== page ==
With more than 200 applicants for 16 slots in the 2010 class, New U has a very selective process for picking its final teams for mentoring. Four of the 16 go on to actual funding. Same scenario with DreamIt Ventures. Many more entrepreneurs are waiting for their shot than the number of slots available to accommodate them.
Venture capitalists talk about deal flow…the number of ideas it takes for the big one to be found. To me, it doesn’t seem as if we have any problem with deal flow with the hundreds of entrepreneurs of color waiting for a chance to be heard. What I see is a tremendous narrowing of the arteries leading to the heart of the matter – funding. And lots of ideas never see the light of day for lack of access to that flow.
Dr. Michelle Ferrier is chief instigator for the Journalism That Matters Create or Die series, She is the founder and publisher of LocallyGrownNews.com, a hyperlocal community news site now in its second year. She is also an associate professor in the School of Communications at Elon University.
JTM Online is currently being developed to assist JTM members by providing social networking technologies including member profiles, a searchable / sort-able members directory, friend connections, and public and private messaging between members.
Interactive activity streams,
At the social heart of JTM Online are activity streams – one for each member and one collective activity stream for all members. Members can publish updates directly to their activity streams, reply directly to others’ updates, collect a list of favorite updates, recommend others’ updates, and so on. Activity stream updates are also published automatically to mark events such as a member joining JTM Online or two members becoming friends.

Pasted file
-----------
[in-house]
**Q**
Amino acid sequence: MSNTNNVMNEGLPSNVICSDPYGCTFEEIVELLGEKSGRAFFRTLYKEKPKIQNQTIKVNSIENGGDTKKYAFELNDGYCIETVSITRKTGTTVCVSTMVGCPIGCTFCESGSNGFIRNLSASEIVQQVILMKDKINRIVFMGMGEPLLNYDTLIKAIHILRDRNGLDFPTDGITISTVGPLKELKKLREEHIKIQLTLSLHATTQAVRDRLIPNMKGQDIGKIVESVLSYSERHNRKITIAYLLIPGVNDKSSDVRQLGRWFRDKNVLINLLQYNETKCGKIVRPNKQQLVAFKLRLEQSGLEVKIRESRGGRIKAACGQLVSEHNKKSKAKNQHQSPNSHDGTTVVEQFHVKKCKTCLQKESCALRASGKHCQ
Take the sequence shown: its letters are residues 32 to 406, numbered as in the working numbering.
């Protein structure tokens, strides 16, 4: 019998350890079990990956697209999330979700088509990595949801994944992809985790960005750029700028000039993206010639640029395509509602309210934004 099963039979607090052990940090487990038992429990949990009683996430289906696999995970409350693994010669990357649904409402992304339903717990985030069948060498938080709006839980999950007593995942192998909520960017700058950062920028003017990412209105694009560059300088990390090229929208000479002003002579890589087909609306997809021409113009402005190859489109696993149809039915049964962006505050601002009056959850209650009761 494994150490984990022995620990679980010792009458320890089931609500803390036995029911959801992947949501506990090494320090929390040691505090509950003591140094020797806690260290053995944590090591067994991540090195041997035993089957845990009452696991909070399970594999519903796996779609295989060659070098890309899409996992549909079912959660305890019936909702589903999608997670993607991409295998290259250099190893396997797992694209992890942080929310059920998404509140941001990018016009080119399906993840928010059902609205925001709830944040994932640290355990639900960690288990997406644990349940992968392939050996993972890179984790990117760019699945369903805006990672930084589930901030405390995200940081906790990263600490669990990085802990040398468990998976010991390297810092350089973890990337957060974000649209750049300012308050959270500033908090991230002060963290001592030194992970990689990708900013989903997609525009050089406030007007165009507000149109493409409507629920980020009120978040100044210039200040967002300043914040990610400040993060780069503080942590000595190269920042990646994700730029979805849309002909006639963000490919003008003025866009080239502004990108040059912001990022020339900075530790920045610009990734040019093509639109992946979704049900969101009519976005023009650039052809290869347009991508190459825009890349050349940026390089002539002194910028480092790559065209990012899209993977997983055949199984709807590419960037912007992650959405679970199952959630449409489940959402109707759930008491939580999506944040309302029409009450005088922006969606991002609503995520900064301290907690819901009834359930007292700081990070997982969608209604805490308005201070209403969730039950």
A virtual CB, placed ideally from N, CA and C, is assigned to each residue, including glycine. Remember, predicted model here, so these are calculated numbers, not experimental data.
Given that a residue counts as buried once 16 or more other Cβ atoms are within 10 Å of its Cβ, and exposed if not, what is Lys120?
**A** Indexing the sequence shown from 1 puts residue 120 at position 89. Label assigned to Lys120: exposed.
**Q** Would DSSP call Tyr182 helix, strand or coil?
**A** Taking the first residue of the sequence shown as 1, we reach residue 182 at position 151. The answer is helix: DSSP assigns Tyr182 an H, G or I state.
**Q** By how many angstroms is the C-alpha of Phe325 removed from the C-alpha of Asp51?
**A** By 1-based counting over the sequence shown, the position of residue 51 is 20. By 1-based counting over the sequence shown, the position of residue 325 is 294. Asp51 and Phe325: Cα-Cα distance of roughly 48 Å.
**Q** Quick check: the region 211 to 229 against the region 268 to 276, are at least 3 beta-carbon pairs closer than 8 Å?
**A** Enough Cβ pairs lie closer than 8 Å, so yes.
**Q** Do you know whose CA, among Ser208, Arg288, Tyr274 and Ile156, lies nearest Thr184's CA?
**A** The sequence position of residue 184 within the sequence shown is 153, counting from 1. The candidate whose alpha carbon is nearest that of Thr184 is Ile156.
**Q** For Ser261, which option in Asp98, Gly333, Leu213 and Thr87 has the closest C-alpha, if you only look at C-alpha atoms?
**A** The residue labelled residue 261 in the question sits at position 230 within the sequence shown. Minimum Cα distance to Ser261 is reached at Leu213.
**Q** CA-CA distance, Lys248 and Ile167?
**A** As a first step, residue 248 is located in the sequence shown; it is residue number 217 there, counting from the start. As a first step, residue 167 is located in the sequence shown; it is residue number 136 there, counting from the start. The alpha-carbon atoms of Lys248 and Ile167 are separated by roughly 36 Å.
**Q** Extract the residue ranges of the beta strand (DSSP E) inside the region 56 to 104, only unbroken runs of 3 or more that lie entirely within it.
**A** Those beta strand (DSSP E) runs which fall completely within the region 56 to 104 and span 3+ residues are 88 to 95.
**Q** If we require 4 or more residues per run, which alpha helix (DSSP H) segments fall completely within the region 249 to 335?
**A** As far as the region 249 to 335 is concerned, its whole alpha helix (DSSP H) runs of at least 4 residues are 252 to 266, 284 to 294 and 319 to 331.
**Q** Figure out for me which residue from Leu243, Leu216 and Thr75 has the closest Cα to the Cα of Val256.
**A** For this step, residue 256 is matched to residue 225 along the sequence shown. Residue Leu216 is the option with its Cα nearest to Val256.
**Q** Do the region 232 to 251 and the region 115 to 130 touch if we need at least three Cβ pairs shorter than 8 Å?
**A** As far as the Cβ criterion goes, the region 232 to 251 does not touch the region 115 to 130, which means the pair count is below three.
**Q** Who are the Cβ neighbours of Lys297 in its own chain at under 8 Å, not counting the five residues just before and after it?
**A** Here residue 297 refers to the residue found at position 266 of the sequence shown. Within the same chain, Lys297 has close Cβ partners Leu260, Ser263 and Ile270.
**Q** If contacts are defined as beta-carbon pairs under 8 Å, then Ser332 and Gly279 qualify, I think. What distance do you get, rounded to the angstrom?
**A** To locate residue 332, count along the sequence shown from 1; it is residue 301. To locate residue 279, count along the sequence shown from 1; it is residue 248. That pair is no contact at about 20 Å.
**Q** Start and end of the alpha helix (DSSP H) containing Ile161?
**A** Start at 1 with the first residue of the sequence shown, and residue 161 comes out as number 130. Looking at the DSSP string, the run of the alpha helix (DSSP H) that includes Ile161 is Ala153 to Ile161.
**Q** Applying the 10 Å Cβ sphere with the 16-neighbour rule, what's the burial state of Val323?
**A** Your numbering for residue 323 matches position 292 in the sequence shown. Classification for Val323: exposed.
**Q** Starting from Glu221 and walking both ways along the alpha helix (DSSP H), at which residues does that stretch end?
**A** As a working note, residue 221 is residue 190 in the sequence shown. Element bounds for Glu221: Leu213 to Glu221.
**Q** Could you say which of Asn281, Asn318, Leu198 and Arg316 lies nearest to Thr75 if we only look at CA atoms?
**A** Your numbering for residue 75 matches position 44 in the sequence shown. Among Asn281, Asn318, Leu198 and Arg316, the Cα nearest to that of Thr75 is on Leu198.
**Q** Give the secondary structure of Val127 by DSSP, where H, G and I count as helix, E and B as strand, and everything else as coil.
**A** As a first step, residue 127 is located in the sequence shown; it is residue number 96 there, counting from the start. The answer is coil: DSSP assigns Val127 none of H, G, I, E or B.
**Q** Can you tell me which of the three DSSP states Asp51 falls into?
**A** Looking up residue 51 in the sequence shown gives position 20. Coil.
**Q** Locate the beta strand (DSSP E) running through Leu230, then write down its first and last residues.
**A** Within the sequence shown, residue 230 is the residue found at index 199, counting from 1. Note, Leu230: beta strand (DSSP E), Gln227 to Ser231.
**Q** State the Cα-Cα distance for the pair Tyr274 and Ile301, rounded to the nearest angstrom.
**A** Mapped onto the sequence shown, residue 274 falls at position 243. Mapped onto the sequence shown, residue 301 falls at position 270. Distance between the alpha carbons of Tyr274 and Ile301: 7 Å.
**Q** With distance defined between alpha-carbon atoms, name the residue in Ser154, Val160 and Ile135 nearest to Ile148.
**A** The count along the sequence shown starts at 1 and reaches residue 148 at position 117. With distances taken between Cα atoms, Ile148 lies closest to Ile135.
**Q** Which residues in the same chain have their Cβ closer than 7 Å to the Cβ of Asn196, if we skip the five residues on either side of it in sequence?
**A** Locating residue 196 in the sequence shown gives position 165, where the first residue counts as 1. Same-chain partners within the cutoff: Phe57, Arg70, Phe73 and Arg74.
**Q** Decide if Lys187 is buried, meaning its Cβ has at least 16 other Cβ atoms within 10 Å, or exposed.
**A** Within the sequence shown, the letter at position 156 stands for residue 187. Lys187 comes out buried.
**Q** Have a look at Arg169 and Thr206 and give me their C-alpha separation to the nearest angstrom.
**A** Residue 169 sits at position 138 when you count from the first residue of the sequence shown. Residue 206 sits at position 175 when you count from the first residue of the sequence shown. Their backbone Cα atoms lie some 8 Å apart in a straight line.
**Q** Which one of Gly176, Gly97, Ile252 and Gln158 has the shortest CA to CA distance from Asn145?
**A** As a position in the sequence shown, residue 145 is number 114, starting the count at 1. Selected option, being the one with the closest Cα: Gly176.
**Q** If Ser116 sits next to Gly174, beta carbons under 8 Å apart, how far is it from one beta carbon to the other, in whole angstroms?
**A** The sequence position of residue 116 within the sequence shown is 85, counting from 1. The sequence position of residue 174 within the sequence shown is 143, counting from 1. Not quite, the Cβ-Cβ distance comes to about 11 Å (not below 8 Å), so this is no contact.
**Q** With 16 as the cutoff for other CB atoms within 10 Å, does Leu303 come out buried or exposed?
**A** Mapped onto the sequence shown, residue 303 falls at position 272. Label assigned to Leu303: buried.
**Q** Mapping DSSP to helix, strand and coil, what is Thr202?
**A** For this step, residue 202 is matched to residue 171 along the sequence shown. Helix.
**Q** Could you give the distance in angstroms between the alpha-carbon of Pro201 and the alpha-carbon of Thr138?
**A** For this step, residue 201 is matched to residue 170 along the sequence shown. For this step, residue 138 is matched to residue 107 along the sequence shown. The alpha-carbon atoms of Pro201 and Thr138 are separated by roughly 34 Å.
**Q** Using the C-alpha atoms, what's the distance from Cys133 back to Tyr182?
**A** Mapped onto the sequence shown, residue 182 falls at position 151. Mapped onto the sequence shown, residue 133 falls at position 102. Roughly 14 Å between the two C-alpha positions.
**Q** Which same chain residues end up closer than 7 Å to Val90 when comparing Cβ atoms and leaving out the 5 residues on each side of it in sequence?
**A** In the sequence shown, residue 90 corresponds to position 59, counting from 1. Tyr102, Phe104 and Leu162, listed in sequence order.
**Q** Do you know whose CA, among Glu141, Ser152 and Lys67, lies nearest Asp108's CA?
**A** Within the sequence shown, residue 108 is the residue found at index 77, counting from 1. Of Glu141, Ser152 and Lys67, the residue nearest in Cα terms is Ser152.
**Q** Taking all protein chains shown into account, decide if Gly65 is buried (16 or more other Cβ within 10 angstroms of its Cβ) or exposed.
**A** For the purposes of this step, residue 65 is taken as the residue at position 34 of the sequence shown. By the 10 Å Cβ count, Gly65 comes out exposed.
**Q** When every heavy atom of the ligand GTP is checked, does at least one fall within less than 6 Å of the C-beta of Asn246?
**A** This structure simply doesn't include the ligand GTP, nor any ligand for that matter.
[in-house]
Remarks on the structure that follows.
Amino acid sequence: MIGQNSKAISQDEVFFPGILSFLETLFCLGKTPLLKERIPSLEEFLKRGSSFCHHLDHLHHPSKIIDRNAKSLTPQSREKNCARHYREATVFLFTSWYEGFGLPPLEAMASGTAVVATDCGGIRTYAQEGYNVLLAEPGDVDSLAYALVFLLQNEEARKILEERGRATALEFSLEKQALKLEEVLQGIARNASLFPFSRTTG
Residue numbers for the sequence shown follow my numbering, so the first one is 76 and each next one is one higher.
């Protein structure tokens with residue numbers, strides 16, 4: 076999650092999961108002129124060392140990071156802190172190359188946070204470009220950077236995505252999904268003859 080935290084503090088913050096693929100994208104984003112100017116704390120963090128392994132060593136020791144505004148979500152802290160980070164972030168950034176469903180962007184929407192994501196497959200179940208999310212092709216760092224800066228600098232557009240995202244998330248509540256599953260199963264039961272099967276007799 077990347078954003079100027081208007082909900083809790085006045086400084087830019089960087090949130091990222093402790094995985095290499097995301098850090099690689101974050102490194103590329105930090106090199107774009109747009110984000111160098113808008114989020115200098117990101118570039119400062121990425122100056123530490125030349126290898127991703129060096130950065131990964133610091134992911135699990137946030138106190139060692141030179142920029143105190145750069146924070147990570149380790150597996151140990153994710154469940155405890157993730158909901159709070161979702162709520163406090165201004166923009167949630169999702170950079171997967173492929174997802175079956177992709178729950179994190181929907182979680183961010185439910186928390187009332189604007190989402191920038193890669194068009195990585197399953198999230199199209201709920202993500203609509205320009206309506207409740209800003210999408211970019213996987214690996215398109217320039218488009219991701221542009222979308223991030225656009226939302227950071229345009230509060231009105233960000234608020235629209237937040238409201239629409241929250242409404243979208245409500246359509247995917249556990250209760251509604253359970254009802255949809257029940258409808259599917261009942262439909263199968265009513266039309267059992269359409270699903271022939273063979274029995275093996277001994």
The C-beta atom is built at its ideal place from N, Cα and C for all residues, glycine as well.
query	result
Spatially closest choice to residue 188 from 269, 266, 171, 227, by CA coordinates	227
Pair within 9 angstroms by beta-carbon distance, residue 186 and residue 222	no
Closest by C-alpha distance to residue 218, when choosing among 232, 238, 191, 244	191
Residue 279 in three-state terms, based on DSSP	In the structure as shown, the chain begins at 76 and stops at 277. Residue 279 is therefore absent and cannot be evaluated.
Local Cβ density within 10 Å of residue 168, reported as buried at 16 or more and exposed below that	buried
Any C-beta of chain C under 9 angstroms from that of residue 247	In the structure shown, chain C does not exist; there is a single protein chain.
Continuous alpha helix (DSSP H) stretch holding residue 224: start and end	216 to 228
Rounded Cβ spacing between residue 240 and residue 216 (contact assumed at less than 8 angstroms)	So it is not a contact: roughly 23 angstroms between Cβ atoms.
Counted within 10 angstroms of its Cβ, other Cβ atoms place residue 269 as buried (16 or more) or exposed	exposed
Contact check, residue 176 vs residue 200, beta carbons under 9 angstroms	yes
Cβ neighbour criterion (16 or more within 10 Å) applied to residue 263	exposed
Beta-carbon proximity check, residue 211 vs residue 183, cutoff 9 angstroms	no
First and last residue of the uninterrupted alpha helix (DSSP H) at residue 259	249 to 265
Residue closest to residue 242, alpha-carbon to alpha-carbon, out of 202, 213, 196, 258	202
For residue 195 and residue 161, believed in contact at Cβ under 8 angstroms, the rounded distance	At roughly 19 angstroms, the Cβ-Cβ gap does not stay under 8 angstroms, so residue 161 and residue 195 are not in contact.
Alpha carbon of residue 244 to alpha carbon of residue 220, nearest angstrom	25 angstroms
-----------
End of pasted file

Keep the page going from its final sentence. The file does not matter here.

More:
Multimedia including photos, videos, and documents can be directly embedded, i.e. viewable within JTM Online, simply by pasting a link into an update from popular sites like YouTube and Flickr. Each activity stream update has its own permanent URL, useful to people and to search engines alike, enabling direct references and a well seen architecture.
JTM Online will enable members to:
- Have a member profile
- View all public JTM sessions and the rest of JTM Online
- Mark activity updates as favorites and build a list of favorites as references
- Be listed and “discoverable” by others in the JTM members directory
- Create online sessions to discuss topics
- Create sessions to organize and develop projects and initiatives
- Share interests and membership in other organizations
Each online session has its own activity stream, which is both the primary means of communication within a session and a record of all that has occurred in a session. JTM Online members can publish updates to either their own profiles or directly to any session of which they are a member. Each update is given its own URL.
Sessions members can:
- File share documents, images, audio and video files, and archives comprised of other files.
- Categorize documents
- Receive notifications of session activity via email, including weekly digests and receiving an email for every update
- Create a session events calendar for meetings and other events
- Track one or more outside RSS feeds, creating activity stream updates automatically for each new item in the RSS feeds. Sessions may thus act as virtual water coolers, created to discuss the items in one or more RSS feeds, or as official, JTM-based representations of outside organizations.